Tusculum has experienced an “Orange Rush” for the past week.
“Orange Rush” has been a week-long set of activities to help students enjoy the first Block Break of the 2013-14 academic year as well as serve others and learn valuable life skills.
Activities began Monday with the kick-off event – a scavenger hunt around campus and “Nettie”- themed Bingo games with prizes.
Students learned about community organizations where they can provide service in their interest areas durig the Community Organization Fair on Tuesday. Students had an opportunity to put their service commitment into action with the Pioneer Mentoring Program that afternoon. The Pioneer Mentoring Program involves college students working with third graders from a local elementary school once a week.
The 12th anniversary of September 11 was marked with a special chapel service in front of the Niswonger Commons. The Reflection Service featured representatives from local emergency agencies sharing their remembrances about Sept. 11. Participating were Mark Foulks, chief of the Greeneville Fire Department; Robert Sane, director of the Greeneville-Greene County EMS; Danny Greene, chief of the Tusculum Fire Department and Dr. Alan Corley, chief of the Tusculum Volunteer Fire Department, who is also a trustee of the college.
Students had the opportunity to answer the national call of service for Patriot Day by volunteering at the Tabernacle Soup Kitchen. Issues of hunger were also in the spotlight that evening at the OxFam Hunger Banquet. A representative from the Second Harvet Food Bank shared information about hunger in this area and ways that students can volunteer or be an advocate for hunger issues.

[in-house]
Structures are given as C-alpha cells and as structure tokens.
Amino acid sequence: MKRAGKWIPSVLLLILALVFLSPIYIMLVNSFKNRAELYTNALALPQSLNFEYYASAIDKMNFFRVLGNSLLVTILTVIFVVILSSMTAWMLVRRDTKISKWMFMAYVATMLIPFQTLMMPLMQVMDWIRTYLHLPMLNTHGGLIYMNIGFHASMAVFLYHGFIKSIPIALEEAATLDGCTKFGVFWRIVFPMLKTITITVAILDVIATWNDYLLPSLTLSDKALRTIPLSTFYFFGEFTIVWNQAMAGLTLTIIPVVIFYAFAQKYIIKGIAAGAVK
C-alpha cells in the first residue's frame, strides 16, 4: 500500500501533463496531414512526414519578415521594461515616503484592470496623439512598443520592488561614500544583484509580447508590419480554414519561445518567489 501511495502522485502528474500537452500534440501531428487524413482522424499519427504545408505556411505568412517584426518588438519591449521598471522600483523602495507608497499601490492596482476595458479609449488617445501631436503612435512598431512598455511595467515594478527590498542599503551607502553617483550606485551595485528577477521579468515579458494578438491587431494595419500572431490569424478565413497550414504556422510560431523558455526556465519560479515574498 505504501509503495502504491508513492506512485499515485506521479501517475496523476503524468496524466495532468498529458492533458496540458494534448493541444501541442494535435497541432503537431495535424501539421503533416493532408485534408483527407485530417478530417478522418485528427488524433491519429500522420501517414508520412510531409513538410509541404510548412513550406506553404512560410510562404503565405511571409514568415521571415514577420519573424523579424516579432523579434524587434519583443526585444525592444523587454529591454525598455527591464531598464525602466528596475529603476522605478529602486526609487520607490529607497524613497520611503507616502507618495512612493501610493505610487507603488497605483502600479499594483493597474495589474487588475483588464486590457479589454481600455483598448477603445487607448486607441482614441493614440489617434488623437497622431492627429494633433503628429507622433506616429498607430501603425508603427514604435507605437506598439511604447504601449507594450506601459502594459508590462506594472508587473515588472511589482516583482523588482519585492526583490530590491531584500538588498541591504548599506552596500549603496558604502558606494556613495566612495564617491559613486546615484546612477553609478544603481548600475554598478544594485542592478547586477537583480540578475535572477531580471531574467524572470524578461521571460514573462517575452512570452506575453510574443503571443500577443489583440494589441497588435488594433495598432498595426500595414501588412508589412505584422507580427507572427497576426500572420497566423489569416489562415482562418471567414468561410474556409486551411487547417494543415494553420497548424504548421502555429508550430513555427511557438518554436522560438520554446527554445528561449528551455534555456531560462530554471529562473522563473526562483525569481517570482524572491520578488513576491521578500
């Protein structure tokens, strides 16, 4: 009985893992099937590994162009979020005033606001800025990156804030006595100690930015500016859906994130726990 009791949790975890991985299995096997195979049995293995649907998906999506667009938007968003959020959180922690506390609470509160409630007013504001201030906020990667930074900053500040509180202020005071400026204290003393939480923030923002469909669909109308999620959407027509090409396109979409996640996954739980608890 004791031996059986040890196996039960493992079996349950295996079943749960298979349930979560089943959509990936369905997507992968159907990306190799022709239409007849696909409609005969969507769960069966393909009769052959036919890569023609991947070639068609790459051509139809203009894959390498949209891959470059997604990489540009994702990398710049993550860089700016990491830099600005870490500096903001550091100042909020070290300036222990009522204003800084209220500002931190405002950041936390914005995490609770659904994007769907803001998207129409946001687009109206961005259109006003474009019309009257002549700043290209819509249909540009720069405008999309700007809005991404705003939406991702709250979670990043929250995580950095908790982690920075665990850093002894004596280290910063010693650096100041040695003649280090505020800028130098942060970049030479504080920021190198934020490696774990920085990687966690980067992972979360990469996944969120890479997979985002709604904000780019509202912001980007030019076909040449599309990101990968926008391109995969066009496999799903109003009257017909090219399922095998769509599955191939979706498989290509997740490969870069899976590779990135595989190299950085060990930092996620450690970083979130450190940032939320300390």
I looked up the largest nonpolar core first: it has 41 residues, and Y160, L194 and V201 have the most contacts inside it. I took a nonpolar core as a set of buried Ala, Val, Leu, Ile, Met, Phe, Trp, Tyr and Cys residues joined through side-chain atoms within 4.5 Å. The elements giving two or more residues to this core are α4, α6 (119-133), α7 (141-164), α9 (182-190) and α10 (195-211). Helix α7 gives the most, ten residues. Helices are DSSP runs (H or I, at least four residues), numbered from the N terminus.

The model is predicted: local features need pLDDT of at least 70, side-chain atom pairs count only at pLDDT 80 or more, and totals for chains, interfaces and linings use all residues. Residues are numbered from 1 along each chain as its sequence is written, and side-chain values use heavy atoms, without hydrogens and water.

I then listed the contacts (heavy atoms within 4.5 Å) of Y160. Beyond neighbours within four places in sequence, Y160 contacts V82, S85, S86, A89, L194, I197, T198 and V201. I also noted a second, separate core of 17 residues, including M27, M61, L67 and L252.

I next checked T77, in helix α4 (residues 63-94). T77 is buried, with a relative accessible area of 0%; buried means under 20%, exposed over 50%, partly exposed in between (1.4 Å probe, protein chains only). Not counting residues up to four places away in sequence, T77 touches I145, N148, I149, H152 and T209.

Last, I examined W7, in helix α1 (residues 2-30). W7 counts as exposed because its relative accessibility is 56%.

The banquet itself provides a vivid illustration of the distribution of food resources in the world. Those attending were divided into three groups – low income, middle income and high income to represent the ratios of those populations internationally. The low income groups had water and rice without eating utensils; the middle income group were provided beans and cornbread with access to utensils and the high income group were served a balanced meal.
Thursday was Nettie Fowler McCormick Service Day on campus. In the morning, freshmen and transfer students in Tusculum Experience classes as well as members of the Bonner Leader student service organizaiton and the President’s Society student ambassador group provided a morning of service to community service organizations, schools and churches.
During the afternoon, students could tie-dye their Orange Rush shirts in the Library Bowl and Gamers Coliseum, a popular event, featuring video, card and board games began in the Chalmers Conference Center. The evening meal was a student-planned dinner with an international flavor that was served in the Library Bowl.
Gamers Coliseum continued all day Friday while friendly competitios between residence halls began.
An Organizational Fair provided the new students an opportunity to learn about the various organizations on campus in which they can become involved.
Friday afternoon featured sessions for students to learn some valuable life skills. Business professor Dr. Michelle Freeman led a workshop about personal finance and Robin Lay, director of career serivces, offered workshops about how to get started on job searches, including tips to find internships.
The evening activities will begin with a pig roast in the Library Bowl and the Psychology Club will sponsor the showing of a horror movie in the Bowl after dark.
On Saturday, students will have opportunities to provide service at various organizations and the competitions between residence halls will continue. An outdoor basketball intramural tournament is scheduled all day and students can share their talent in open mic time in the Library Bowl.
In the evening, a lacrosse clinic is scheduled to introduce the campus to Tusculum’s newest varsity sport as well as a DJ Dance Party.
“Orange Rush” activities will conclude on Sunday morning with an interfaith worship service.